Tuesday, February 26, 2008

They Finally Noticed

Once again, the Los Angeles Times is a little late and a little weak on an issue, but at least they noticed that issue's existence. An editorial published in today's edition notes that over-reliance on ethanol is perhaps not such a good idea after all.

Something is very wrong with this picture: The United Nations' World Food Program has been hit so hard by skyrocketing grain prices that it may be forced to cut off some food aid to the world's poorest countries, while the United States is planning to turn record quantities of corn into automotive fuel.

The astonishing callousness of burning millions of bushels of grain in gas tanks even as global starvation worsens has apparently never occurred to Congress, the Bush administration or the remaining presidential candidates, all of whom are big boosters of ethanol. ...

It also didn't occur to very many major news outlets, including the Los Angeles Times. If the LAT had stopped at this point in the editorial, or at least had connected the dots between "burning millions of bushels of grain in gas tanks" and the prevailing attitude that driving a car for even the shortest and most trivial of trips is an acceptable one, the editorial would have offset the paper's lack of real analysis on the issue. But the editorialist chose neither direction.

It needn't come down to a choice between conserving oil or feeding the poor. The U.N. has developed a tool for assessing the impacts of biofuel production on food security, something Congress never bothered to study before passing its extravagant mandate. Until the environmental and economic effects of biofuels have been thoroughly examined, the government should stop trying to squeeze more energy out of corn cobs. Meanwhile, the U.S. is obliged to contribute more to world food aid in order to undo some of the damage it has wrought.

Contributing money to buy over-priced and increasingly scarce food is at best a bandaid, at worst, a germ-infested one.

A more realistic approach might have been to urge the state and federal governments to increase funding for public transportation and to urge citizens to get out of their cars and on to buses, commuter trains, and ride-share vans that are efficient enough to take away the excuses that most use in justifying single occupancy vehicles for picking up the dry-cleaning or driving 120 miles a day to and from work.

Apparently that would be too nuanced for a major newspaper.


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Anonymous Anonymous said...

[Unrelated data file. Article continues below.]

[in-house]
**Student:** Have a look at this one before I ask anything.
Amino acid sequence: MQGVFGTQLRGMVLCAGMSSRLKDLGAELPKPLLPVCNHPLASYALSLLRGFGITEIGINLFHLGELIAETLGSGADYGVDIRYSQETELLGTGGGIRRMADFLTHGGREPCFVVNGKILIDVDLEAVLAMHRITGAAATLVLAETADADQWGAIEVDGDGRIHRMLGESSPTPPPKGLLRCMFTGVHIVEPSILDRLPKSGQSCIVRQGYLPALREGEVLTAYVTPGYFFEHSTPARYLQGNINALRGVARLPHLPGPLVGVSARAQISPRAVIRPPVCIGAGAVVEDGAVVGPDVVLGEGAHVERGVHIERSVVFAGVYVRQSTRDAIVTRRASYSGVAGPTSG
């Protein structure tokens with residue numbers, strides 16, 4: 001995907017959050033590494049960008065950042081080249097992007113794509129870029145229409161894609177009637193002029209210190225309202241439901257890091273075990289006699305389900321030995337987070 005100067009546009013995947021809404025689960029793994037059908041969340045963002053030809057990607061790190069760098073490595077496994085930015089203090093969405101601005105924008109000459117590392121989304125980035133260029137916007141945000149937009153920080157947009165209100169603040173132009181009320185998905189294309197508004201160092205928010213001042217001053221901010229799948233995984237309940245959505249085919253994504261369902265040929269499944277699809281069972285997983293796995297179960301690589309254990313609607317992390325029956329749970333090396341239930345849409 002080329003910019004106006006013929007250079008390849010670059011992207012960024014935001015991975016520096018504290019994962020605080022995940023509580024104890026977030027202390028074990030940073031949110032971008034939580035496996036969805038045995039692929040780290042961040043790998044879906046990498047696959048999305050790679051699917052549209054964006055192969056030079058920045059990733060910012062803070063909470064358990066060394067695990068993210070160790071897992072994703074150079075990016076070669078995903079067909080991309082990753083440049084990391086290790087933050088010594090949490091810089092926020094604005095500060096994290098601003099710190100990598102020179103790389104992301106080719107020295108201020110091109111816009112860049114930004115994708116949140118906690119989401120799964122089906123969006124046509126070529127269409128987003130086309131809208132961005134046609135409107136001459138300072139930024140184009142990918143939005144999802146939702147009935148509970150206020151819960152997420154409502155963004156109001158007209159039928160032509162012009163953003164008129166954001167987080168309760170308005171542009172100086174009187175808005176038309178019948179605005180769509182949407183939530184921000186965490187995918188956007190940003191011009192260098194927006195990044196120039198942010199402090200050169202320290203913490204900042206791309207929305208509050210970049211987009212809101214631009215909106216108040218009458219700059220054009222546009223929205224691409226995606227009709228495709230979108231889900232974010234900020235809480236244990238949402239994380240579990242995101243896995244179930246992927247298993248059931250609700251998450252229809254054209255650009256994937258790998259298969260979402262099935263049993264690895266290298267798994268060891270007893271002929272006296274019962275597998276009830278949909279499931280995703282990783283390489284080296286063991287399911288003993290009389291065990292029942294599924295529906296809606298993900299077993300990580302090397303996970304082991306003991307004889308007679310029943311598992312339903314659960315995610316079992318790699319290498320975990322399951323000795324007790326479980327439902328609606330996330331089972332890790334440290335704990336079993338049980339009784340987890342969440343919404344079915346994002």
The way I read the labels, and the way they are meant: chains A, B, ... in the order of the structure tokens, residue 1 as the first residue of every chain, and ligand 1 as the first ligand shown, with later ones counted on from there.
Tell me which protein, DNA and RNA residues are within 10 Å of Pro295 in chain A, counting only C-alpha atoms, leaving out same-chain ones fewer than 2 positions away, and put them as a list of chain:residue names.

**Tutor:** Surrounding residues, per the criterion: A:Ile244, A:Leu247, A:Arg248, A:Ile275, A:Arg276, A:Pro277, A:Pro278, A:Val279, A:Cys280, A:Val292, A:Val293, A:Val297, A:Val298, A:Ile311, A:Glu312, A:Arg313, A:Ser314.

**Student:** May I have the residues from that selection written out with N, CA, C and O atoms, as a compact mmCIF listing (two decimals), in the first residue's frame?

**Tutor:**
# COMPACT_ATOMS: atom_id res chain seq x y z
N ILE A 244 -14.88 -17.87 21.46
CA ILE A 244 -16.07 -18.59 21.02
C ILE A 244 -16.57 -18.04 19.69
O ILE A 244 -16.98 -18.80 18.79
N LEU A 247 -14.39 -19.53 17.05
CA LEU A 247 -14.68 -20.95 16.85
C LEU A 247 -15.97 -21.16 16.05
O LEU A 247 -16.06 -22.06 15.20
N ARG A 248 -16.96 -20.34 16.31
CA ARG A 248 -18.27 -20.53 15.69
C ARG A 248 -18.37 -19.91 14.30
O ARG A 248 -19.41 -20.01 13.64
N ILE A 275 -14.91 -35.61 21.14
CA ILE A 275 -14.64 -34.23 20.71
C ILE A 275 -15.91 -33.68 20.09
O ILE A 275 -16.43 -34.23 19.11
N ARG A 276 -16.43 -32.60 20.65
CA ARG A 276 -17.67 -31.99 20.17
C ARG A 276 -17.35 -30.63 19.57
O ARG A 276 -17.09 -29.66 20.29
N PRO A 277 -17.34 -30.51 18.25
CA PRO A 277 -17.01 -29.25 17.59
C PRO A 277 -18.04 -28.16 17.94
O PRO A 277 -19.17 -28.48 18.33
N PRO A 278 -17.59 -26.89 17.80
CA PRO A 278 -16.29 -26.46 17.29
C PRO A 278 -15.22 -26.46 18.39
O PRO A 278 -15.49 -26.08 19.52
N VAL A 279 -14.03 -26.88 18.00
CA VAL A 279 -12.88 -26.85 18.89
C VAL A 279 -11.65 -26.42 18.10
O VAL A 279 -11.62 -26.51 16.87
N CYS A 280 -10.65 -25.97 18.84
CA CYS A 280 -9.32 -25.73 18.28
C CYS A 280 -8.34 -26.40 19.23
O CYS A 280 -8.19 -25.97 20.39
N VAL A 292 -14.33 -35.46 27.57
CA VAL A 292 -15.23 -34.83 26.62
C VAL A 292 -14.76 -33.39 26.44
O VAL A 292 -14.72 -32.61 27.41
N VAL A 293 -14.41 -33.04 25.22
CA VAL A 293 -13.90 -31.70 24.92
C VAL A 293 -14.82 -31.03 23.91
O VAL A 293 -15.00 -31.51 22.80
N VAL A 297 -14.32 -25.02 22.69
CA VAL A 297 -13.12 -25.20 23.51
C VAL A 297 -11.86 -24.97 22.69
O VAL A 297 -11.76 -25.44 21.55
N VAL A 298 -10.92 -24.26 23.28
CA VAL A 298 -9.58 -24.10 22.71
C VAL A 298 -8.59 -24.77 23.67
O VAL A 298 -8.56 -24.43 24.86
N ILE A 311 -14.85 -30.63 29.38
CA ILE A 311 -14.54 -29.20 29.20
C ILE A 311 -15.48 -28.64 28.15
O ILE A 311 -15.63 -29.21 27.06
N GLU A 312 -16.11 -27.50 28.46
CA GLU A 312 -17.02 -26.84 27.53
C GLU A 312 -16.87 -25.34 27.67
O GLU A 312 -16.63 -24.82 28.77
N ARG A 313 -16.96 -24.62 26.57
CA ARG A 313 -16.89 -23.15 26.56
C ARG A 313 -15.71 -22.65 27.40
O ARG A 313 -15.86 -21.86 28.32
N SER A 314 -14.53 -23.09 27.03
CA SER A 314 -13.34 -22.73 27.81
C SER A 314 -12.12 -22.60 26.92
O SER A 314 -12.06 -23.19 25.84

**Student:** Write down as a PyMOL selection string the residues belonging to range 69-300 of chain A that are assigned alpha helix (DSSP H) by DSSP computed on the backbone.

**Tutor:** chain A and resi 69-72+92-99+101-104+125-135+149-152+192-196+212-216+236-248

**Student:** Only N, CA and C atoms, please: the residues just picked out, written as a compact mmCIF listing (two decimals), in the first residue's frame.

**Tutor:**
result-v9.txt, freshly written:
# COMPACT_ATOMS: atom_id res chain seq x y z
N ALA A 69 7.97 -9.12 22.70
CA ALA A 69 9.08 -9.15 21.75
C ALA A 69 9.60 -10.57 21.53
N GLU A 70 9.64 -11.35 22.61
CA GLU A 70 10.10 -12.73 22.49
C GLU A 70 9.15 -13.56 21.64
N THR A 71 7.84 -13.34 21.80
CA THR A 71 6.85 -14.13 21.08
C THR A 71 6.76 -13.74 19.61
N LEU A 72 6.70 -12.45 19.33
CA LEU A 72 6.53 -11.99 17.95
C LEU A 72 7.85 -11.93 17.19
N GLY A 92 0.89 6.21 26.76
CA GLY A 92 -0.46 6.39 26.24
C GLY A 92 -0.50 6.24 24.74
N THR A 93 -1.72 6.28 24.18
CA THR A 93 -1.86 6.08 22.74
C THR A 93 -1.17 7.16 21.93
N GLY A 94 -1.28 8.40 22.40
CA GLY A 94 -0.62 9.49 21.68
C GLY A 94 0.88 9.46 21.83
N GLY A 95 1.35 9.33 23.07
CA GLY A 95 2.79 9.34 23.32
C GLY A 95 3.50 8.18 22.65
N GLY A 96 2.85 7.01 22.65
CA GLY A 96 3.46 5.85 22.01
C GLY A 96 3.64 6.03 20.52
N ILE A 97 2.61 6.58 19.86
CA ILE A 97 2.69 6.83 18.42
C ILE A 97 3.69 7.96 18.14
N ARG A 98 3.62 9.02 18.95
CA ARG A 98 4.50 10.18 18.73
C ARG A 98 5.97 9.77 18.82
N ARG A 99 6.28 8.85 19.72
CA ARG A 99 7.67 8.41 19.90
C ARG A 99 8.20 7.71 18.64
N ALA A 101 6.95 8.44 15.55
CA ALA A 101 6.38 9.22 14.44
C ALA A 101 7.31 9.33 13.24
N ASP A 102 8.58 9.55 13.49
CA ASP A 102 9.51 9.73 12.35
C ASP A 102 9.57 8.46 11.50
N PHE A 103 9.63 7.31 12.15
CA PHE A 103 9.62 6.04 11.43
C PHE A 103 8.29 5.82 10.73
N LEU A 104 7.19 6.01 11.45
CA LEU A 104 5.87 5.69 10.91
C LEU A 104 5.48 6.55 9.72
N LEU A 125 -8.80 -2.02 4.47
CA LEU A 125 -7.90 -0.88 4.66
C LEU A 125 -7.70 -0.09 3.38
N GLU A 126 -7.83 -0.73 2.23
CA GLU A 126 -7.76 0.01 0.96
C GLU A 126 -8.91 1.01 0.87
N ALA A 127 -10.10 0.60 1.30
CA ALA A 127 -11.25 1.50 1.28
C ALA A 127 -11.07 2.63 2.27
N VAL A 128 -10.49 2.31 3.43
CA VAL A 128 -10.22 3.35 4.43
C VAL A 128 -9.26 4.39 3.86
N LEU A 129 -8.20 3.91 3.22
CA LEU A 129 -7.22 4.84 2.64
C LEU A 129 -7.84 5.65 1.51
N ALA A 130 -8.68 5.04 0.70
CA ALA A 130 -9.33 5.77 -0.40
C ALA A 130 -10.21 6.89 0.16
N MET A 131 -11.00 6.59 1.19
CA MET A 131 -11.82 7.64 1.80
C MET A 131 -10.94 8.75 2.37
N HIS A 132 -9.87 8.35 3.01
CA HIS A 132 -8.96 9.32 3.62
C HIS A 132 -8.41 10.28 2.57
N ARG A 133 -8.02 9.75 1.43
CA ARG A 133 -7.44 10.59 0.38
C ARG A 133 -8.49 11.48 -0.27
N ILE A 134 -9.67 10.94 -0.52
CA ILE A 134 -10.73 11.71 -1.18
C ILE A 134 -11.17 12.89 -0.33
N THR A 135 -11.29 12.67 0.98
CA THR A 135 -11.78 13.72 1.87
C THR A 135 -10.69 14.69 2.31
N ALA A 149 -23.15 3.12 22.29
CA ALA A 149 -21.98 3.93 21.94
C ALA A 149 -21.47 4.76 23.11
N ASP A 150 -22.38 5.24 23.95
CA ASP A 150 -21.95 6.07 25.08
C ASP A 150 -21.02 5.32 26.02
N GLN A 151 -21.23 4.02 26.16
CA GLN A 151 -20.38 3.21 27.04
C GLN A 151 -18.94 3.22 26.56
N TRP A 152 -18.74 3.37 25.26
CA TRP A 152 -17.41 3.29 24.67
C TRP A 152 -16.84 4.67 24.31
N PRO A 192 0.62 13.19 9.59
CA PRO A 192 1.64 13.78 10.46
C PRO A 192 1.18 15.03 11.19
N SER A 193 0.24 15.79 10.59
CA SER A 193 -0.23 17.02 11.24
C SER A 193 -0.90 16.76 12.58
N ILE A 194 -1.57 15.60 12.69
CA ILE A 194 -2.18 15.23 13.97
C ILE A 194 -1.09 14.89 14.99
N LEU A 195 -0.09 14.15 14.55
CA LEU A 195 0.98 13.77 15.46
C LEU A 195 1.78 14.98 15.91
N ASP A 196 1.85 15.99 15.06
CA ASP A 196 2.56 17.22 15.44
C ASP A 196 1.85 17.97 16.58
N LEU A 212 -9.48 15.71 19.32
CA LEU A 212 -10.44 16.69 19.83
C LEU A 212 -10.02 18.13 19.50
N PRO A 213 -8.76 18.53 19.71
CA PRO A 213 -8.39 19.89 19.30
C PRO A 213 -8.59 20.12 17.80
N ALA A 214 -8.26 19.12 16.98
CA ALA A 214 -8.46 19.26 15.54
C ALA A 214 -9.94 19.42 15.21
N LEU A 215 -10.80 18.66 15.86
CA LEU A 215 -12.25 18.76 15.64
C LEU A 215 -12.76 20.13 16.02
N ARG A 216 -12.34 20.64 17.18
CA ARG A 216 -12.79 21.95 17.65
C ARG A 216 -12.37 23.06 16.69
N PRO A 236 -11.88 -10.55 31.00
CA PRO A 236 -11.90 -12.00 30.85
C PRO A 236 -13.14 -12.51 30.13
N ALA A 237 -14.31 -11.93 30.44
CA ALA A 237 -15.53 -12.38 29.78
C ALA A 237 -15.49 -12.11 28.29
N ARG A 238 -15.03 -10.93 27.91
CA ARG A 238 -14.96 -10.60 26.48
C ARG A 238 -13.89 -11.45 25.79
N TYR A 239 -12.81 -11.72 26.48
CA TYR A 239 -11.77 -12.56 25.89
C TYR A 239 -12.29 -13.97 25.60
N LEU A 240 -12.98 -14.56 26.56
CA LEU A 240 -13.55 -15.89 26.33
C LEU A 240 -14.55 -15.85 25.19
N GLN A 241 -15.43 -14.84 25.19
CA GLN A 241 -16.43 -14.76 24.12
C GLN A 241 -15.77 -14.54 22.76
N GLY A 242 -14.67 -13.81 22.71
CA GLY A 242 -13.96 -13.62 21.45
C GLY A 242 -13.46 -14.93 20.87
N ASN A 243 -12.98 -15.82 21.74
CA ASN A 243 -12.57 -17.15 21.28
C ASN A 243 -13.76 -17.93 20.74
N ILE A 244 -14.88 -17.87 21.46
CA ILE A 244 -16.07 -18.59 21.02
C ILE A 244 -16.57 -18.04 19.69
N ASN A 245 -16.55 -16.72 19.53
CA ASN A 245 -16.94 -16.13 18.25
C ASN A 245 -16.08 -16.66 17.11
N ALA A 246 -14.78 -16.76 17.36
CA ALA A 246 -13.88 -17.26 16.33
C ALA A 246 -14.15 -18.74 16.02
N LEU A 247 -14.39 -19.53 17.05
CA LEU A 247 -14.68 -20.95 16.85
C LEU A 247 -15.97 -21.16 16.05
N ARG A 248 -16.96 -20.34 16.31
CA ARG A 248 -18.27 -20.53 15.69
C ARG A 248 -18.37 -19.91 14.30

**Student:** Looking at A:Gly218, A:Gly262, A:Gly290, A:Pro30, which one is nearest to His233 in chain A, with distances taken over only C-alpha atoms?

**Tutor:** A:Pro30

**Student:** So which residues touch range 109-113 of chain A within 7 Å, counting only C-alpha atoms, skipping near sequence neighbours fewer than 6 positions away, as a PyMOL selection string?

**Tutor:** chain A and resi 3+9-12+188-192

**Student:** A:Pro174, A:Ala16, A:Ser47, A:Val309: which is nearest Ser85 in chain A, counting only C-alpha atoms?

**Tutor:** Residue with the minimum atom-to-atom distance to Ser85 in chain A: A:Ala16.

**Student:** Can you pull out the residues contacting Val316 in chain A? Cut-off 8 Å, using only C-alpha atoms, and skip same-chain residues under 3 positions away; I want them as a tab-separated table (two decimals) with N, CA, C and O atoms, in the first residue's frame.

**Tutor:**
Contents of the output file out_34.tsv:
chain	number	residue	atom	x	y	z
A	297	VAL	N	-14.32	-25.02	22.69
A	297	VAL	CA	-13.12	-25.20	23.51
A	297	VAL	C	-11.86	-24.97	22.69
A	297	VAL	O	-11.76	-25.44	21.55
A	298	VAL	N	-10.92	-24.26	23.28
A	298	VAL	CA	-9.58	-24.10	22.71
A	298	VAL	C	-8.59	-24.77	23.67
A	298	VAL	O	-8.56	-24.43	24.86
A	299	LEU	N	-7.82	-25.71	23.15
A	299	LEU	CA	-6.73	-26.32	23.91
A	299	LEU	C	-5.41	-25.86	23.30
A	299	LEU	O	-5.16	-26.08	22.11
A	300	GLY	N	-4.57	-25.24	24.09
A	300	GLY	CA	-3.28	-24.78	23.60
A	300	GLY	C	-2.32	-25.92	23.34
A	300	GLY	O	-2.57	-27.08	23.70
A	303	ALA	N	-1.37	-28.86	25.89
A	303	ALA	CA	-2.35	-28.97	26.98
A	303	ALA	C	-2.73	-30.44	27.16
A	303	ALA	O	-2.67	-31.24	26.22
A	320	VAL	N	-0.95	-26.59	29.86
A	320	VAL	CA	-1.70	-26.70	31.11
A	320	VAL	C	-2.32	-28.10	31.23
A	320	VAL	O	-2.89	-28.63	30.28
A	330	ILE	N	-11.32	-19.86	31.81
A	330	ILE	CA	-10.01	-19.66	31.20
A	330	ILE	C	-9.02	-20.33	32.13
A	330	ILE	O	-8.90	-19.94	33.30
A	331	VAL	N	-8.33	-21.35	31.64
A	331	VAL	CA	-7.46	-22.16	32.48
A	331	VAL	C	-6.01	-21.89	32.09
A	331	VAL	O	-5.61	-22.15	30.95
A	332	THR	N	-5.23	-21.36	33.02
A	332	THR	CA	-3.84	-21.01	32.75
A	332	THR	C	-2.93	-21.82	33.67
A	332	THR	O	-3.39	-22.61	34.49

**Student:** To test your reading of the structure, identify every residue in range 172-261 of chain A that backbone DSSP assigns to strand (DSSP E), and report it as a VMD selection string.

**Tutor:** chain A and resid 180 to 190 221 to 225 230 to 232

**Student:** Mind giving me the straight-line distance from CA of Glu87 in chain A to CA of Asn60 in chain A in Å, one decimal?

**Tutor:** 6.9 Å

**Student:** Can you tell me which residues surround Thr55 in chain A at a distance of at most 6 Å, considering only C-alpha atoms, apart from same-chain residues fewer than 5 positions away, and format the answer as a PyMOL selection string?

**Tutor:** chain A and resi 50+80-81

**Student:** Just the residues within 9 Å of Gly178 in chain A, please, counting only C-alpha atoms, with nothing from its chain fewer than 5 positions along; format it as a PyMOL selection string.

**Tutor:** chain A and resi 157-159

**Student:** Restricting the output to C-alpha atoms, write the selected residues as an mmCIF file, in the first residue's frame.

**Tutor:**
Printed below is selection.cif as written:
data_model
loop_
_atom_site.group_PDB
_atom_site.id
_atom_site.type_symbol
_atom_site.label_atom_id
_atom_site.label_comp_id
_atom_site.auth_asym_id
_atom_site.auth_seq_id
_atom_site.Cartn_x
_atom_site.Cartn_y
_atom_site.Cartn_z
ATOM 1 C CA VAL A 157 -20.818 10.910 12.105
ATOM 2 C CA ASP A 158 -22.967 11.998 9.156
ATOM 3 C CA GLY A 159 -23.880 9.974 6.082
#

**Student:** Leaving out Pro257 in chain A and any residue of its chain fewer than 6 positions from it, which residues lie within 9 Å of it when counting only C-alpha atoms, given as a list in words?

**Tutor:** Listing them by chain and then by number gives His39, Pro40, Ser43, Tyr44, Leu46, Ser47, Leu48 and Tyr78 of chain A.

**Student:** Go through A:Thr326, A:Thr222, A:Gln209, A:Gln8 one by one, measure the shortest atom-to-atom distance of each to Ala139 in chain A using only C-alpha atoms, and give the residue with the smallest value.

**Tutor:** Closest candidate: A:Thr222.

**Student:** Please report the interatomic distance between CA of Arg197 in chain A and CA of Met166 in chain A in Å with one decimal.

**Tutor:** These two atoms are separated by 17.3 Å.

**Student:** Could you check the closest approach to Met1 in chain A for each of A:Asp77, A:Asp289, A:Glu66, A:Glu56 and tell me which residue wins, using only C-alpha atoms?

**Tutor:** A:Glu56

"public transportation" -- what a joke!

i was active in boston neighborhood politics until about 10 years ago. we stood helplessly by (despite going to endless meeting, reading endless reports and writing endless responses) while the city further dismantled existing subway lines, converting some of them to bus routes (the many objections to and arguments against which i won't go into here) and, in one particular instance, attempted to widen a road for commuter traffic claiming it was to "enhance bus travel" but as soon as we pushed for a dedicated bus lane instead, they backed down


i am currently starting a fight with the city i now live in (southeastern mass.) because of a total lack of compliance with or enforcement of snow removal from public sidewalks by businesses, resulting in people walking in the street or driving the two blocks to the stores. i fought that same fight with the meatballs in boston and, after five years of that, finally threw my hands up, bought a car and moved to my new location.

amtrak? is that even still operational? there used to be a giant noise about how "it has to pay for itself!" the same argument boston uses against public transportation -- "we can't subsidize public transportation." excuse me? don't my taxes "subsidize" roads and highways? hello?

excuse me while i spit out some more teeth.

5:22 PM  
Blogger cheflovesbeer said...

grow corn
just for food
not cars

6:18 PM  
Blogger Scorpio said...

Likely corn will be made into high fructose corn syrup if more is grown. Food? When it can be made into sugar for cola addiction?


It's as if companies have forgotten that there is cane sugar and beet sugar. Corn is being made into a tool of destruction.

8:29 PM  
Anonymous Anonymous said...

During the Irish potato famine, the English landowners exported wheat while the Irish starved. The English have never been allowed to forget it, and quite rightly too. There was mass migration of the Irish to the United States.

Where can the poor of the global south go? Who will make the US remember them?

1:36 PM  

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